My mother put up with it – I have no idea how – there were no noise-cancelling headsets in the mid-70s. She hated it, but she paid for the drum lessons, and bought me new sticks when the old ones shattered. She had no idea what to do with me but she knew in some way that it was better to do less than to do more. I wasn’t a bad kid; I didn’t get arrested, wasn’t out at parties doing drugs and having sex. I was a kid who didn’t care what the consequences were; whatever consequence a parent could dream up was never as bad as how I already felt. The punishment came from within – annihilation. I was what we’d now call a hot mess, but somehow she loved me anyway. She had no idea how to raise me, no idea how to set limits or even what limit one would set, but somehow we kept going.  We fought horribly. I don’t even know why; it was as though the need to erupt had built up, like contents under pressure, like I was a human volcano desperate to spill and the only person who could trigger the eruption was my mother. And when we fought she would cry and say, “I hope one day you grow up and have a little girl just like you.” I would cross my arms in front of my chest defiantly and say, “I hope I do.”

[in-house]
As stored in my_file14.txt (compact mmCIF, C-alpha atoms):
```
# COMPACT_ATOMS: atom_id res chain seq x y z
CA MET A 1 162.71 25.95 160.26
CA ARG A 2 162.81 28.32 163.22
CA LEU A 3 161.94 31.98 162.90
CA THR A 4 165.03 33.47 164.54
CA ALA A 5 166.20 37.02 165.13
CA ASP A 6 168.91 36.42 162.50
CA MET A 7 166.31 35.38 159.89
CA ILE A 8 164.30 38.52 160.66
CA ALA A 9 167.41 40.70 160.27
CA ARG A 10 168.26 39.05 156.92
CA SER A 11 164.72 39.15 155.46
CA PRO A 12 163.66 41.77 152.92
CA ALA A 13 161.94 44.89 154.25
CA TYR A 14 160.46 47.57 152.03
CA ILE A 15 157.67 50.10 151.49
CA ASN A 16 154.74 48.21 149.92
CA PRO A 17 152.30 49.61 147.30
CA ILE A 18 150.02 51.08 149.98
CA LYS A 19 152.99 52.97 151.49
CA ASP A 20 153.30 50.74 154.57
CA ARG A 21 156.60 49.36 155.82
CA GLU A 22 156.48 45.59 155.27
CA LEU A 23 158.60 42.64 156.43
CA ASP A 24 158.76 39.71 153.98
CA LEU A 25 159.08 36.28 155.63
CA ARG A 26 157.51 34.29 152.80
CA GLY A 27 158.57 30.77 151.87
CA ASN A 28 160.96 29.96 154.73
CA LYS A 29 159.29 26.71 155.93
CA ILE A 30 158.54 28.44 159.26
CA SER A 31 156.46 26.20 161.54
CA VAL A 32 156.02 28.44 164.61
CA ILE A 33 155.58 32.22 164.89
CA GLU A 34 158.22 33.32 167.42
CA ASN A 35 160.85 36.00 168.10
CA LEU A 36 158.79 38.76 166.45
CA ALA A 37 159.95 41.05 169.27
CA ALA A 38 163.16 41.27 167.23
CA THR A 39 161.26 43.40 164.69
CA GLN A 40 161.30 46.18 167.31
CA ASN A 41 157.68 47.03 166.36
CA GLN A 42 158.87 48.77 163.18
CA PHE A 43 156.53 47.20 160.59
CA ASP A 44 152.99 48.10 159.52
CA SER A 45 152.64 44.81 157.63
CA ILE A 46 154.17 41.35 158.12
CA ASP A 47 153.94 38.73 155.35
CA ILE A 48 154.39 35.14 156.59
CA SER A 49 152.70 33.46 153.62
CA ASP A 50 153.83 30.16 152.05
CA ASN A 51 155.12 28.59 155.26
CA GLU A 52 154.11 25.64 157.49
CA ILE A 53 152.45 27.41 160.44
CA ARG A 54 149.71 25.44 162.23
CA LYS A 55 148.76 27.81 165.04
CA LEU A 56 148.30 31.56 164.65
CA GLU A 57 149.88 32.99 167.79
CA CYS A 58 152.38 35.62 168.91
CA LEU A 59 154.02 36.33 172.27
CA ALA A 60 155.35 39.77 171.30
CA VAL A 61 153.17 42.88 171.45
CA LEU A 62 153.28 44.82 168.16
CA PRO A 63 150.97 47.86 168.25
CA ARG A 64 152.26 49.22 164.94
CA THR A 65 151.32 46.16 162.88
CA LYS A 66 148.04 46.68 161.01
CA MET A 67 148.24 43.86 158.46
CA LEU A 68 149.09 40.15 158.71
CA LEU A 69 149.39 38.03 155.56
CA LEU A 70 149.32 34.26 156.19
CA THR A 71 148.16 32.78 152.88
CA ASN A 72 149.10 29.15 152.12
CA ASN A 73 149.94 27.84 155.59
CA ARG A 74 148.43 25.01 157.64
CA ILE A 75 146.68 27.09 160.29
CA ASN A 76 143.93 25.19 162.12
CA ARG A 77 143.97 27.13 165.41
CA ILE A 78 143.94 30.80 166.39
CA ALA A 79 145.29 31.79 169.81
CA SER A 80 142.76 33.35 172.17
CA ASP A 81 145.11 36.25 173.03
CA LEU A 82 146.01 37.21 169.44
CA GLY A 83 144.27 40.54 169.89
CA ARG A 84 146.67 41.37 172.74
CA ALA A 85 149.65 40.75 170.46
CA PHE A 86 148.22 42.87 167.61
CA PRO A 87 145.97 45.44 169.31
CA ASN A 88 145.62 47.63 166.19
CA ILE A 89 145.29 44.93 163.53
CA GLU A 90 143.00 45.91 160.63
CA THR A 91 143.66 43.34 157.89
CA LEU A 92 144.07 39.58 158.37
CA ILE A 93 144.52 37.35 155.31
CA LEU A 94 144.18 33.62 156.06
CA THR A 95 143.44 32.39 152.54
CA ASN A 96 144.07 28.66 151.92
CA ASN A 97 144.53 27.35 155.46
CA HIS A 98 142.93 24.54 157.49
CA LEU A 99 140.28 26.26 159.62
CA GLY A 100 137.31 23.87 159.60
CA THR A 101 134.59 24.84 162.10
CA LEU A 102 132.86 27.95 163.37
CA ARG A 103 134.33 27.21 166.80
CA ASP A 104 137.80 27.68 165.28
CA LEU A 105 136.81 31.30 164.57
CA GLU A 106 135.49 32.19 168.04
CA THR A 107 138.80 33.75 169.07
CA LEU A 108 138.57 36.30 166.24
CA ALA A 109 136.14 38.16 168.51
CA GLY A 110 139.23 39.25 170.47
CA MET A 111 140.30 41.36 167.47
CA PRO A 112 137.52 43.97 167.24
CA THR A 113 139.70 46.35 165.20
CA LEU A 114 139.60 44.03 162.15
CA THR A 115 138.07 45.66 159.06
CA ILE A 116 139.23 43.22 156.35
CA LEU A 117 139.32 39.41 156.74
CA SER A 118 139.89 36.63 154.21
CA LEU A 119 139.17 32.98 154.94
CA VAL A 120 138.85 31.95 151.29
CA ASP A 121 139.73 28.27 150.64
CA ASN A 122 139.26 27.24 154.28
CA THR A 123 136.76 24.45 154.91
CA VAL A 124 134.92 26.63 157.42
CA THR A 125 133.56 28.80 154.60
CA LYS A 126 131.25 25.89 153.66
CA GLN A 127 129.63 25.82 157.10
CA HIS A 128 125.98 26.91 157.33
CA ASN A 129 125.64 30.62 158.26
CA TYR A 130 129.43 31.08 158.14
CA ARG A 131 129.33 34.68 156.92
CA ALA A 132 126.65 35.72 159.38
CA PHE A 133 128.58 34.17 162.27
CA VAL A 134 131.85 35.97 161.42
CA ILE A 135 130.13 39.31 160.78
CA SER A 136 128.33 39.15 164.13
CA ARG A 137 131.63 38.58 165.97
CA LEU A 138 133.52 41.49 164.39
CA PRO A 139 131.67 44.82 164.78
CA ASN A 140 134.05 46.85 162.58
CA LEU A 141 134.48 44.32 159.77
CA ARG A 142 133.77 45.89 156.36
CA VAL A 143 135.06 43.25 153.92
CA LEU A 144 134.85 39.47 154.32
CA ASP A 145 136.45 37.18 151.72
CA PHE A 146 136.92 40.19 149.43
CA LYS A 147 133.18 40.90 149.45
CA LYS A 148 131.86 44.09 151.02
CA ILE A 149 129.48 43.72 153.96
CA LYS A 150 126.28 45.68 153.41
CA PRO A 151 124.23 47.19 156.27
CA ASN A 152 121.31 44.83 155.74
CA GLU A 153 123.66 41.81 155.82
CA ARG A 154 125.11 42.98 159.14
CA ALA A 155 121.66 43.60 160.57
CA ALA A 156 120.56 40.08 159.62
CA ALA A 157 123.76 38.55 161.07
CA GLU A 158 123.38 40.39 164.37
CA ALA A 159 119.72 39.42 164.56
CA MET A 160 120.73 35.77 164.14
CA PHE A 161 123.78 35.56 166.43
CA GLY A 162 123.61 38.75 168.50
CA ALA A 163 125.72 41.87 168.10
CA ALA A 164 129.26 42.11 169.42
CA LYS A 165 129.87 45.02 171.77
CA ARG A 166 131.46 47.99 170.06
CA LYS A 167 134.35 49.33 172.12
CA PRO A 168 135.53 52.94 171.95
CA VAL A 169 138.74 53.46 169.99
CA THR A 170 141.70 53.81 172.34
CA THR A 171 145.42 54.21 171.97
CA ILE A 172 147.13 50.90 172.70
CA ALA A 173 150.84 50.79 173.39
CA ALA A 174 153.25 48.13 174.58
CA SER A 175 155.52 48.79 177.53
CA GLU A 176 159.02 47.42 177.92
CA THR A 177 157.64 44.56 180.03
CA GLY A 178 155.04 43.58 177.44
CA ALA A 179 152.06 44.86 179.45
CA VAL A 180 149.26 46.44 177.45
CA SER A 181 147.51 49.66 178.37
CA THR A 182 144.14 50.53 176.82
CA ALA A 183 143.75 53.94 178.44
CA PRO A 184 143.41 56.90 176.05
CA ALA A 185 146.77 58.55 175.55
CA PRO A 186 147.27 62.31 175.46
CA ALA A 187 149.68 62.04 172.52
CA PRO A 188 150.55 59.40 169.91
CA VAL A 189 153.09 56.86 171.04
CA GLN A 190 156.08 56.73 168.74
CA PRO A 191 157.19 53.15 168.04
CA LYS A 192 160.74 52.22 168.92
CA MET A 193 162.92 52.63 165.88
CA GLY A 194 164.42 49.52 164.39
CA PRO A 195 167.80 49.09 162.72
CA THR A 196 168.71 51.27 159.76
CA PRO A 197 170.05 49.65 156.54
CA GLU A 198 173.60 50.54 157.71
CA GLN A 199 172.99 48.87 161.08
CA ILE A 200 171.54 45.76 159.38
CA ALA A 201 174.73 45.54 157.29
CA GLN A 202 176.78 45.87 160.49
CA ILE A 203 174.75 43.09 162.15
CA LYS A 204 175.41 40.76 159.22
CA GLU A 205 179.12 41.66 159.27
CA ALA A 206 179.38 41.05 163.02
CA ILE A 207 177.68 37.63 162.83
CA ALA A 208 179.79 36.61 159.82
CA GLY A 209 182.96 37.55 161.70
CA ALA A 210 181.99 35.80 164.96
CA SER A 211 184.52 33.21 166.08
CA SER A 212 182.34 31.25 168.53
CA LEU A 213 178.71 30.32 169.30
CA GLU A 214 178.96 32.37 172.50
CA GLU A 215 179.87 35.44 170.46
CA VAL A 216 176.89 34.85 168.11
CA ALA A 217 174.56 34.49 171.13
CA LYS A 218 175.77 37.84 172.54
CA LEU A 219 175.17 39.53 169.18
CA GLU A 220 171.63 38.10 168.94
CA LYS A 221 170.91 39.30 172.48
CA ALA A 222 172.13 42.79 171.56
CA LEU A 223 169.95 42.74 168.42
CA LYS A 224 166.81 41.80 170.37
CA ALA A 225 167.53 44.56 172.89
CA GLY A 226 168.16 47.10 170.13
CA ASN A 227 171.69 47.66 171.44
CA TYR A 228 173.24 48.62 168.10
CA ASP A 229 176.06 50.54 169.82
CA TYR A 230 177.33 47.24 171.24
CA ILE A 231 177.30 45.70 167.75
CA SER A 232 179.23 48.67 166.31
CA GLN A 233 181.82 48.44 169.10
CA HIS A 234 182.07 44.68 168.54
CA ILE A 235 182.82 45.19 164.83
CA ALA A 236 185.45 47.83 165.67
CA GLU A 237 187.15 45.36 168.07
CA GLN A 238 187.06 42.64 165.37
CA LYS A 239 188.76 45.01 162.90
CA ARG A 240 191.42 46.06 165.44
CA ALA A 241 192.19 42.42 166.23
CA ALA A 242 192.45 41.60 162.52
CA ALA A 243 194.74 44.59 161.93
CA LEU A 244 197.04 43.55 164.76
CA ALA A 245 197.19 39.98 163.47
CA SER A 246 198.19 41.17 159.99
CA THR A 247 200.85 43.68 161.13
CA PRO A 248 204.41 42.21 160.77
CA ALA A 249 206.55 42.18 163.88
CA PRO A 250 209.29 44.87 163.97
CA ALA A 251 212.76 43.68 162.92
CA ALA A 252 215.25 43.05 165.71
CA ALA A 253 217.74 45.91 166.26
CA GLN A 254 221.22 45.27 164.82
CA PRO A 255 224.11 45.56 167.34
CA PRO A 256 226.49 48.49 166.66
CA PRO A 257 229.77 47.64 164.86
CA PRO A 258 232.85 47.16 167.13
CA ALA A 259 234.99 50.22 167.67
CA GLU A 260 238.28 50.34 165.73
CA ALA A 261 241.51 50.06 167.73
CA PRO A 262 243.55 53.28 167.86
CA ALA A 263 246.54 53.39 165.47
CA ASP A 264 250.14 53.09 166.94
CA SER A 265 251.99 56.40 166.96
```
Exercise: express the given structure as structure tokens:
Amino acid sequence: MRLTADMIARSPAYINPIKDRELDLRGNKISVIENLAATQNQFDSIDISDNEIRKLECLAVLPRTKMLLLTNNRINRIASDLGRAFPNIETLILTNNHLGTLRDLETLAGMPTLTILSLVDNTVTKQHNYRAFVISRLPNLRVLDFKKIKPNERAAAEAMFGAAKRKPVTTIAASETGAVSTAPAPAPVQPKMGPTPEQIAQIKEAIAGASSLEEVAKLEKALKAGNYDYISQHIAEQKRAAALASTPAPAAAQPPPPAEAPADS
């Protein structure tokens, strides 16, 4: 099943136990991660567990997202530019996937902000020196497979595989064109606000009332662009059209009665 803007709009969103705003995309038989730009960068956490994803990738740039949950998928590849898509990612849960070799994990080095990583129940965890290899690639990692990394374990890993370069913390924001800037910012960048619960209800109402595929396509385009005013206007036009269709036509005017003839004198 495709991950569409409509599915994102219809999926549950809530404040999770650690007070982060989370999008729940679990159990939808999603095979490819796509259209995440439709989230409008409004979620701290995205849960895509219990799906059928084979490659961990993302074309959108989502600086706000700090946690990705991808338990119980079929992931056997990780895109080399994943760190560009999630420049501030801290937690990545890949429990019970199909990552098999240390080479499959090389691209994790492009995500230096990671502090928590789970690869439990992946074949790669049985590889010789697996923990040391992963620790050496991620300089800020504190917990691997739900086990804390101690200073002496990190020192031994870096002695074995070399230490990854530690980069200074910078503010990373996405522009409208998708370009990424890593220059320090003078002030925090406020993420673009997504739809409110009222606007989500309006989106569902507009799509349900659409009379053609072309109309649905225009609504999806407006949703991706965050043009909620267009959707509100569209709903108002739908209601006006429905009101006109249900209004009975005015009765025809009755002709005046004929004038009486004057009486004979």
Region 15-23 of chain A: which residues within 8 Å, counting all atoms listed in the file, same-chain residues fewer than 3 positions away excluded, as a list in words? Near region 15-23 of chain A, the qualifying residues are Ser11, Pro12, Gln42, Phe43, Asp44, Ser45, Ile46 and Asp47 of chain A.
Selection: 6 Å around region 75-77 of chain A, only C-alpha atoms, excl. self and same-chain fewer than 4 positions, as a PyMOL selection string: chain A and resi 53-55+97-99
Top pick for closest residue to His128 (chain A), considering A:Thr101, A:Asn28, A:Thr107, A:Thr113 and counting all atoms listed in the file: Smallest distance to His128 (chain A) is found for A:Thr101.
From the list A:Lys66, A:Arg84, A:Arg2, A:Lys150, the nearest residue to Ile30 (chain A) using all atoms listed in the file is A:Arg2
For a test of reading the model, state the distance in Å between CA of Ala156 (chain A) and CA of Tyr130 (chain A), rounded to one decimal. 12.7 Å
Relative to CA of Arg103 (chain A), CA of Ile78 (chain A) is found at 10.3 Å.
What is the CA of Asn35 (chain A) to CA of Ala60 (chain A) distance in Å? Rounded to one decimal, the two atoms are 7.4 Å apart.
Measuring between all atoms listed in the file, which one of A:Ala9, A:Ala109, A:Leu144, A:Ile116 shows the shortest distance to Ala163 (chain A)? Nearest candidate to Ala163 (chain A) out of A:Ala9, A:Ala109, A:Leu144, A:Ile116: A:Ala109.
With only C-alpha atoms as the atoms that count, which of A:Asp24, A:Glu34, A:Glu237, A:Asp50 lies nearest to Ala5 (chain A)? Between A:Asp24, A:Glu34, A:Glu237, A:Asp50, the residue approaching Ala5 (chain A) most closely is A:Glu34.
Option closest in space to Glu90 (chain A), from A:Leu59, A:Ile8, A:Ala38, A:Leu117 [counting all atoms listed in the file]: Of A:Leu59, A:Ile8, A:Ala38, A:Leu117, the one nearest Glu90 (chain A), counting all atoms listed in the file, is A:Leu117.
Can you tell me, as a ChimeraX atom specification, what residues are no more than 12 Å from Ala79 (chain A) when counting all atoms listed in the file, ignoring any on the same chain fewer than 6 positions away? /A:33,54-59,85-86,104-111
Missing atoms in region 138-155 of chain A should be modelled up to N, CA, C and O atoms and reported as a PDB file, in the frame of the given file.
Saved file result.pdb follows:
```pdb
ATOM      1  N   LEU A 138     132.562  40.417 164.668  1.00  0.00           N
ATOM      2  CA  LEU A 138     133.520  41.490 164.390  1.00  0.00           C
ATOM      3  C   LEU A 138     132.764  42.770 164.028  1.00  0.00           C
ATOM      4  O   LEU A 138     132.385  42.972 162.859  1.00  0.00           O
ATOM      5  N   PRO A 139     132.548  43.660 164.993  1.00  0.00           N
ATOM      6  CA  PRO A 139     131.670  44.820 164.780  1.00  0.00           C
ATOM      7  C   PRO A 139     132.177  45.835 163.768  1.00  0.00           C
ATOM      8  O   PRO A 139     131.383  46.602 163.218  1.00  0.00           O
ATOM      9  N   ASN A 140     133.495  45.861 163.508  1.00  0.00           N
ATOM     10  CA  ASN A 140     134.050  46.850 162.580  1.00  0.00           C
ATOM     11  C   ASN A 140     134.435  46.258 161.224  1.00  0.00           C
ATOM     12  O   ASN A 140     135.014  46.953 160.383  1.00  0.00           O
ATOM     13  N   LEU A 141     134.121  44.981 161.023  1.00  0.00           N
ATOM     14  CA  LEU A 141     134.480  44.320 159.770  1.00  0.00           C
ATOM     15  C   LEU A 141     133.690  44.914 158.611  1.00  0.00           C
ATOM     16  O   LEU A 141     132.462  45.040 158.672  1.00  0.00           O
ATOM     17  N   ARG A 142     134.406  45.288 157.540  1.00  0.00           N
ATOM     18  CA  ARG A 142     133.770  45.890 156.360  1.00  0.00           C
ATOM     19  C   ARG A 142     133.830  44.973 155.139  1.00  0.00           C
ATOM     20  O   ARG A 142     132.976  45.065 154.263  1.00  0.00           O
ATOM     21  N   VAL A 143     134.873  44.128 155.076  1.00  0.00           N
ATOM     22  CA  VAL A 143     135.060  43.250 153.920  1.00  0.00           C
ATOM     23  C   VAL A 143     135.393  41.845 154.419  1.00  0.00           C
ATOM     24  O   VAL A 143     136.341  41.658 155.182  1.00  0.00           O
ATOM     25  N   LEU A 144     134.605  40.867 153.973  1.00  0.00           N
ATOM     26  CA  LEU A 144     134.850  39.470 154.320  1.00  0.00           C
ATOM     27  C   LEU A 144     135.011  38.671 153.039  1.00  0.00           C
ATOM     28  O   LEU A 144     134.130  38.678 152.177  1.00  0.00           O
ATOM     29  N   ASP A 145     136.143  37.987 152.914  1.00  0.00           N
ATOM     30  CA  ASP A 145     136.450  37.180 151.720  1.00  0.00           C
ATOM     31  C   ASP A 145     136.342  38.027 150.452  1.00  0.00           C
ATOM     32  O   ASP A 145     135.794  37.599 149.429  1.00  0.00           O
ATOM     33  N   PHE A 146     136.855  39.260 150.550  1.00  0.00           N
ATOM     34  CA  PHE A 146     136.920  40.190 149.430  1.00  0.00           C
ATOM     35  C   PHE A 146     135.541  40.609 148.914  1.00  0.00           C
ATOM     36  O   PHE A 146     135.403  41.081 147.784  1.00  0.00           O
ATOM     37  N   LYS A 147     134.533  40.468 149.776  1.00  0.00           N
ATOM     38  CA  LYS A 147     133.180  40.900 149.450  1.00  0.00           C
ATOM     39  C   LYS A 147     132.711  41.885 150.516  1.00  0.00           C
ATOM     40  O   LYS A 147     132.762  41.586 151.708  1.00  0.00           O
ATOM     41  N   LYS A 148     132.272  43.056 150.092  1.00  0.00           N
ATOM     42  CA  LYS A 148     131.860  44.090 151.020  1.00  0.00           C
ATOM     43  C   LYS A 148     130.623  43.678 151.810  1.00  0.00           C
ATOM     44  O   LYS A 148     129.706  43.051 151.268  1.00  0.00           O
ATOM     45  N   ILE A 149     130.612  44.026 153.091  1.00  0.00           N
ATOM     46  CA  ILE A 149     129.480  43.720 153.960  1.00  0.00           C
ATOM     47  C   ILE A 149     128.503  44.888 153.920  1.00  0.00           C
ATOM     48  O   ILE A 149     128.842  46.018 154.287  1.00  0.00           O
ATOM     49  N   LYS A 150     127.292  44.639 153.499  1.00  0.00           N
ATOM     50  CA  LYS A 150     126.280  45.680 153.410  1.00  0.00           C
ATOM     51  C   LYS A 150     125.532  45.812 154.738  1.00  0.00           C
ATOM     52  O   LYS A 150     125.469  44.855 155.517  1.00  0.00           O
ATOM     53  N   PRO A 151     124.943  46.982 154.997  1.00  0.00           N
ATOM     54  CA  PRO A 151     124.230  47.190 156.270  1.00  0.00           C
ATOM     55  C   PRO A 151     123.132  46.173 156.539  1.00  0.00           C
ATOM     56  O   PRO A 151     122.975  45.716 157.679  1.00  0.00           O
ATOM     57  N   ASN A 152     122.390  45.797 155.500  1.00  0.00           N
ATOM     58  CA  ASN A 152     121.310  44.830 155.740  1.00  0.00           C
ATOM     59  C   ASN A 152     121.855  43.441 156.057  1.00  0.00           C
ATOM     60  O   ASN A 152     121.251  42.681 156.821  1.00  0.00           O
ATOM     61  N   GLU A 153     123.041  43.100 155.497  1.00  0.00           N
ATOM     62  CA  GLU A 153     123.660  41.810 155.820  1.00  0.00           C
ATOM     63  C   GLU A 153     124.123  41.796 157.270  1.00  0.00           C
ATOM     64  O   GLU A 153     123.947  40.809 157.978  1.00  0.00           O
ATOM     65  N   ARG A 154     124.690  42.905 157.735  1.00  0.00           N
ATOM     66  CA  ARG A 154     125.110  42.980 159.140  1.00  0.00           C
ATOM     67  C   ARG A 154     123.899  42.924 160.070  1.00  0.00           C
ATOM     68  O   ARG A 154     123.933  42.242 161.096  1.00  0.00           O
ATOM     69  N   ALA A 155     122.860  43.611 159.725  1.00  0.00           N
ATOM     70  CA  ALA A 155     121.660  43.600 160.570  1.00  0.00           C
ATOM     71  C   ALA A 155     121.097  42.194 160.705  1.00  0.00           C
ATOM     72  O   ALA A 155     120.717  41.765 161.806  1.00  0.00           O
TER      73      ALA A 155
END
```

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And I did. I grew up and had a little girl just like me. And one day after my daughter had been especially difficult I called my mother and said, you were right, she’s just like me and my mother said, no, you were worse. And she was right.

My mother is now 91, soon to be 92. Each month matters; it’s the reverse of infancy. With a baby you clock the months of progress, you see when they can smile, when they reach for things, when they crawl. With old people you see when they forget what they did an hour ago, when they can’t drive, when they stop calling you. My mother used to read a book a day; she used to be starved for the next new thing. In the past few months she’s stopped talking about books. She still goes to her two book clubs, but she tells me she forgot what the book was, or she didn’t read it. A book is too much to remember, too big to hold in her head. The newspaper is just right. She reads the newspaper, clucks in disgust, and licks the knife with her marmalade on it.